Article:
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Polycystic ovary syndrome (PCOS)
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Polycystic ovary syndrome (PCOS)

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DIABETES AND ENDOCRINE SYSTEM

Endocrine System

Polycystic ovary syndrome (PCOS) is a condition most often characterized by irregular menstrual periods, excess hair growth (hirsutism) and obesity, but it can affect women in different ways. Irregular or heavy periods may signal the condition in adolescence, or PCOS may become apparent later when a woman has difficulty becoming pregnant.

The signs and symptoms of PCOS stem from a disruption in the reproductive cycle, which normally culminates each month with the release of an egg from an ovary (ovulation). The name of the condition comes from the appearance of the ovaries in some women with the disorder - large and studded with numerous cysts (polycystic). These cysts are follicles, fluid-filled sacs that contain immature eggs.

Although the condition has been noted since antiquity, it was first described in medical literature in the 1930s when Irving Stein and Michael Leventhal wrote about a group of women without menstrual periods (amenorrhea) who had large ovaries with multiple cysts. Doctors sometimes call the condition Stein-Leventhal syndrome, polycystic ovaries or polycystic ovary disease.

Early diagnosis and treatment of PCOS can help reduce the risk of long-term complications, which include diabetes and heart disease.

Treatment

Management of PCOS focuses on each woman's main concerns, such as infertility, hirsutism, acne or obesity. Long term, the most important aspect of treatment is managing cardiovascular risks such as obesity, high blood cholesterol, diabetes and high blood pressure. To help guide ongoing treatment decisions, your doctor will likely want to see you for regular visits to perform a physical examination, measure your blood pressure and obtain fasting glucose and lipid levels.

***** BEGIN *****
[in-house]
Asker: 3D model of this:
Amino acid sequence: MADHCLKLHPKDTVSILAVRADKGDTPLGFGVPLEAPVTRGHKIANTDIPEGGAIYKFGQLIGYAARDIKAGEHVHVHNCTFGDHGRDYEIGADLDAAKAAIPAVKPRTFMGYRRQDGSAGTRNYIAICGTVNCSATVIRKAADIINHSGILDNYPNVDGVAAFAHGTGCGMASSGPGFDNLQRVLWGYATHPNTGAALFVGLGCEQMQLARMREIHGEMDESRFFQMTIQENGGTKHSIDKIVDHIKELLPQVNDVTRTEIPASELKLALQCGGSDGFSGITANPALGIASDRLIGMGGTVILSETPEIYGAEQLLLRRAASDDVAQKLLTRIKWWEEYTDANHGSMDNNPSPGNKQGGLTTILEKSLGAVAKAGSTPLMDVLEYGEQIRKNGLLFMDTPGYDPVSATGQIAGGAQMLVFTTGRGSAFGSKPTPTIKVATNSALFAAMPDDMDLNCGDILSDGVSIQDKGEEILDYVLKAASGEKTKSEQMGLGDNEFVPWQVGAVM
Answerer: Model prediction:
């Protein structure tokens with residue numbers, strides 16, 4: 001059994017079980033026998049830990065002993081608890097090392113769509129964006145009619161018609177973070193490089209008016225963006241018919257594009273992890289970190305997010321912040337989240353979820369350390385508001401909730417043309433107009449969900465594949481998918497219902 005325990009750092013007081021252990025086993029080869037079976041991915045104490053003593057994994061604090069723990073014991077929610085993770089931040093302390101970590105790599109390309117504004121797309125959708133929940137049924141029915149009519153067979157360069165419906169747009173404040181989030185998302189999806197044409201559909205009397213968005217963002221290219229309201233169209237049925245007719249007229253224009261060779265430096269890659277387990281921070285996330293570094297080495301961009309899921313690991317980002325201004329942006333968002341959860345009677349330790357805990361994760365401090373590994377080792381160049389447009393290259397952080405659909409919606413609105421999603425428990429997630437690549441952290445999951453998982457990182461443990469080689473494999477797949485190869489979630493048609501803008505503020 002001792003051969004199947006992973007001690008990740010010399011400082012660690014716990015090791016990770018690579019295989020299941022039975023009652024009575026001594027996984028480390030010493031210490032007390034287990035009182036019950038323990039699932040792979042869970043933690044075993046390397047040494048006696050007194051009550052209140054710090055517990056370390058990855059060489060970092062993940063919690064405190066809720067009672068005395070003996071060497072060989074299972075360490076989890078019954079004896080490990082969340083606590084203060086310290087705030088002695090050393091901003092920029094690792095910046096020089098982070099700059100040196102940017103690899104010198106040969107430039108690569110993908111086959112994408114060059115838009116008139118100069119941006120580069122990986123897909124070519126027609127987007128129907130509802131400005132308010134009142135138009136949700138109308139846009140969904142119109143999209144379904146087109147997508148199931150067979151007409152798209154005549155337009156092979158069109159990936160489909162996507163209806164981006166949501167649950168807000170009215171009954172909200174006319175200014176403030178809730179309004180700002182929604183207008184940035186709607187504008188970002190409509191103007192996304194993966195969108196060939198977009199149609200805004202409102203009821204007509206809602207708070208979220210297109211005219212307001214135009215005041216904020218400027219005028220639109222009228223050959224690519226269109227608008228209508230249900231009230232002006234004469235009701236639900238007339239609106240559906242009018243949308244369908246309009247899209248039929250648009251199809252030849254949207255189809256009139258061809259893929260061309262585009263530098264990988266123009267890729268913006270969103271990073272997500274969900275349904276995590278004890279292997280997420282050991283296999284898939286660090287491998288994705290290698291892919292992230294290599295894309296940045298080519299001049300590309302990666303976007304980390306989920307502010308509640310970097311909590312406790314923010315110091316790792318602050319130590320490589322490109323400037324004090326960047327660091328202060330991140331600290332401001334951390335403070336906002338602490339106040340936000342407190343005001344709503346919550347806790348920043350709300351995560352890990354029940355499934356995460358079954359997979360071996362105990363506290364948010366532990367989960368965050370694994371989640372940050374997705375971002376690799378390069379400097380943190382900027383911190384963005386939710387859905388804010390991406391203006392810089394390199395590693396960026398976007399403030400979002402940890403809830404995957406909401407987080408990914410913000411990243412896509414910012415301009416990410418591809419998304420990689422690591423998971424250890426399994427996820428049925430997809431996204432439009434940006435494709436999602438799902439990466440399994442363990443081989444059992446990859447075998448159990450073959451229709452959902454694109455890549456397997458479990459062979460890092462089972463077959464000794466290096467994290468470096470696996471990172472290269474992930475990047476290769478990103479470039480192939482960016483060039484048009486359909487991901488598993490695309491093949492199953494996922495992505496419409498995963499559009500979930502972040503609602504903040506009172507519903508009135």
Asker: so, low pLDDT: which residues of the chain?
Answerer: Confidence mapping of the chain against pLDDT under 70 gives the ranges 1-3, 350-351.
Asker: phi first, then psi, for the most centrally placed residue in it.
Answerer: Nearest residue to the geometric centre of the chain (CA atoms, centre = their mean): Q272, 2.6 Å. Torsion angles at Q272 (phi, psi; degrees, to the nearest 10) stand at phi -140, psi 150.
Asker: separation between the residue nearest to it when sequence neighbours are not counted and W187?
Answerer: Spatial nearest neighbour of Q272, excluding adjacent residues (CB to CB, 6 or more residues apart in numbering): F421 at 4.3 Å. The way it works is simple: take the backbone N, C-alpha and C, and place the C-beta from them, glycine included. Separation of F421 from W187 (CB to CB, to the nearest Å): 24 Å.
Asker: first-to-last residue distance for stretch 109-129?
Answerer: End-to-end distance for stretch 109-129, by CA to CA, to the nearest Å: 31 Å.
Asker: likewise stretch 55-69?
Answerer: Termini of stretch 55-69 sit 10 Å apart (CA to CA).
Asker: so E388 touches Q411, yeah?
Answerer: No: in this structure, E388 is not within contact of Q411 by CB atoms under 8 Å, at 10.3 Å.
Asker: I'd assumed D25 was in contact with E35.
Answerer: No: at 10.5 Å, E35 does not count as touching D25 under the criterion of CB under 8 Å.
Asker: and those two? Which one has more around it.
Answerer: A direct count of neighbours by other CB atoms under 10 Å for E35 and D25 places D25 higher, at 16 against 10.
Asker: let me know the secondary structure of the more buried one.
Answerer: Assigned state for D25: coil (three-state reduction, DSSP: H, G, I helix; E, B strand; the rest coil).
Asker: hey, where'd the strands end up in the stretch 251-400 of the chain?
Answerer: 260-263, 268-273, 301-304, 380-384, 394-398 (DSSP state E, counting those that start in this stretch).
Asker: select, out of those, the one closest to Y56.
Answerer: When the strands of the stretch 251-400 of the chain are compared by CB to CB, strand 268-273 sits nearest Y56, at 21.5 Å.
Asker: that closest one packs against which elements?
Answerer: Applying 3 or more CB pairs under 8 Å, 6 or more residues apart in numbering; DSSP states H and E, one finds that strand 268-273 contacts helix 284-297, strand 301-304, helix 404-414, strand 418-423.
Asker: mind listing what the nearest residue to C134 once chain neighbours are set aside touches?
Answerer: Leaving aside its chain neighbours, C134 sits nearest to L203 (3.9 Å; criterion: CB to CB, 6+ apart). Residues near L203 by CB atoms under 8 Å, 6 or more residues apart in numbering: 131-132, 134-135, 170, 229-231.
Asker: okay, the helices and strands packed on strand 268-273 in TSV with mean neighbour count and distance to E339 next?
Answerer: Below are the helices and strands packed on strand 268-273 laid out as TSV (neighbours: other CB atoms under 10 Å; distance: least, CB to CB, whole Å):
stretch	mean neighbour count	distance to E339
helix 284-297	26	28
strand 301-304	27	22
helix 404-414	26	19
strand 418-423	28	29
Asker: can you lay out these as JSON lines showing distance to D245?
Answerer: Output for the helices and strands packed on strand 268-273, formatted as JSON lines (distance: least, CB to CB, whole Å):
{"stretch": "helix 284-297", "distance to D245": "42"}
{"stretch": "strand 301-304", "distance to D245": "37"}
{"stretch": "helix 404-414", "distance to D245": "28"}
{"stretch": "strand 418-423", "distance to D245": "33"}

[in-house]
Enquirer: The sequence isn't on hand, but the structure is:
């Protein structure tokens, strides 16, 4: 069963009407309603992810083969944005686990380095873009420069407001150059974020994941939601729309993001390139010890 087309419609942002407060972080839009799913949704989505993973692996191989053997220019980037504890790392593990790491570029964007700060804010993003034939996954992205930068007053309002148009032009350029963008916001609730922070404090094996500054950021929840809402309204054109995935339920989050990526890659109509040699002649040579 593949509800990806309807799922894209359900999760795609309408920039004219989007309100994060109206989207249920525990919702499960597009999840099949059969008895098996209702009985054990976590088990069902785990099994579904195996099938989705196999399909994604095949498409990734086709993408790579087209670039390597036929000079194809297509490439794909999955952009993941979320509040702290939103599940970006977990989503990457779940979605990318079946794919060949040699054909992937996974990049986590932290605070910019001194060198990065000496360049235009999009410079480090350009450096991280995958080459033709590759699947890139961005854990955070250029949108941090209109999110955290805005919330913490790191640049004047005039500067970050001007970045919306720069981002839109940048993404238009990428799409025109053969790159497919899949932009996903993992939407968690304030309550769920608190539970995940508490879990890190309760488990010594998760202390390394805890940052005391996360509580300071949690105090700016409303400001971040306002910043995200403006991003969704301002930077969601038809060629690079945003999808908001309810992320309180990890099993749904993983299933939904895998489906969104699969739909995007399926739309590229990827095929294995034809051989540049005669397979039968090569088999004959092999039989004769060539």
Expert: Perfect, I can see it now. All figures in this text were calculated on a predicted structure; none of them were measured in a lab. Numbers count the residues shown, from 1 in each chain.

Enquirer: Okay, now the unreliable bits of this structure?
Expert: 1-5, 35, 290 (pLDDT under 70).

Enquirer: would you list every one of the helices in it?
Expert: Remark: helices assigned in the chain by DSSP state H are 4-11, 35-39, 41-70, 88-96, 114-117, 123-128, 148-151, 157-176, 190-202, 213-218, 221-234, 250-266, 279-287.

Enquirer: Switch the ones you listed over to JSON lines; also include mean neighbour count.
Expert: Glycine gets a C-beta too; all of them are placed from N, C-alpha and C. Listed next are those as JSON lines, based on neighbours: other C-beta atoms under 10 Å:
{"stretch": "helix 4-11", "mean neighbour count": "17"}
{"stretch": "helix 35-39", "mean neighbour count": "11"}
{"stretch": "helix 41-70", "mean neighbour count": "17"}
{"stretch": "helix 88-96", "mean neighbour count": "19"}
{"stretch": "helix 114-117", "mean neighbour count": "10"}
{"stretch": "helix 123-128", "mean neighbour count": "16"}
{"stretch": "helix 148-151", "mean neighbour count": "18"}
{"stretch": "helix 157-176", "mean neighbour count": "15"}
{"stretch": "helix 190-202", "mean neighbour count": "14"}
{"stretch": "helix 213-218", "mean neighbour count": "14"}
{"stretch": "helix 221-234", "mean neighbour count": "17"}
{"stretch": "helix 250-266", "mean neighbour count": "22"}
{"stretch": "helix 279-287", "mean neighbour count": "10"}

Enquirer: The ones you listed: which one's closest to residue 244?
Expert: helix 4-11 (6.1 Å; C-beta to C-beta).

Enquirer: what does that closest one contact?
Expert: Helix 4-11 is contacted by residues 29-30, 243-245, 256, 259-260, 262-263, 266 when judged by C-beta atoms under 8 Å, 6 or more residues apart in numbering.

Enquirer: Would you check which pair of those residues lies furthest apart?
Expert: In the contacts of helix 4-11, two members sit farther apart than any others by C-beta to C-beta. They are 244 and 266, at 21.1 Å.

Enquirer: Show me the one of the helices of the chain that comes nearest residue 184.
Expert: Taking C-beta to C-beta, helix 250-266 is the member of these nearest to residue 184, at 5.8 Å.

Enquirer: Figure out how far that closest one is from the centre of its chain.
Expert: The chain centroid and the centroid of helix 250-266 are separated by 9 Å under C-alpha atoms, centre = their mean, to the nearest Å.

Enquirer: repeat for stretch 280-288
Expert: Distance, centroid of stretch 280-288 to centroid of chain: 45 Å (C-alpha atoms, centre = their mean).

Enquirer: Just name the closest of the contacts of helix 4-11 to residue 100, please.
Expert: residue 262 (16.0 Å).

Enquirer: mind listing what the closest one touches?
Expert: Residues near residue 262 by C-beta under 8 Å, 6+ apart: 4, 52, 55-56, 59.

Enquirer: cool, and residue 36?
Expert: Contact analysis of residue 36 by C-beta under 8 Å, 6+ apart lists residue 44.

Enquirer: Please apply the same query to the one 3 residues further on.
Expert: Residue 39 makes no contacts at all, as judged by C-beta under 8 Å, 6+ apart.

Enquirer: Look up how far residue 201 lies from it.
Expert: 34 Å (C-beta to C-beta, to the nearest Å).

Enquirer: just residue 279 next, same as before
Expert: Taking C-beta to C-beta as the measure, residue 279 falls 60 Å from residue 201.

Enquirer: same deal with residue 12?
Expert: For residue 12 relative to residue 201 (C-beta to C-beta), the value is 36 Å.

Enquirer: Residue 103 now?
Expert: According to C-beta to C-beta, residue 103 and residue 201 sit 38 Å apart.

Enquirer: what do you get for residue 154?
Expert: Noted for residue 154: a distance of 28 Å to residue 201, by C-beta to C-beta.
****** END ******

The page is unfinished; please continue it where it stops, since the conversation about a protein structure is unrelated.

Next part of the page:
Overweight women with PCOS have more-severe signs and symptoms. Obesity makes insulin resistance worse. Weight loss can reduce both insulin and androgen levels. However, you may have more difficulty losing weight than other women do. Ask your doctor to recommend a weight-control program, and meet with a dietitian.

Your doctor may prescribe one or more medications to help manage the symptoms and risks associated with PCOS.

Medications for regulating your menstrual cycle
If you're not trying to become pregnant, your doctor may prescribe low-dose oral contraceptives that combine synthetic estrogen and progesterone. They decrease androgen production and give your body a break from continuous estrogen. This decreases your risk of endometrial cancer and corrects abnormal bleeding.

An alternative approach is taking progesterone for 10 to 14 days each month. This medication also regulates your menstrual cycle and offers protection against endometrial cancer, but it doesn't improve androgen levels.

Researchers are evaluating the use of metformin (Glucophage, Glucophage XR), an oral medication for type 2 diabetes, to treat PCOS. Metformin inhibits the production and release of glucose from the liver, thus requiring less insulin to transport blood sugar into cells. Several clinical trials have found that metformin improved ovulation or reduced androgen levels in women with PCOS, and the long-term hope is that metformin might reduce cardiovascular disease complications from PCOS.

Medications for reducing excessive hair growth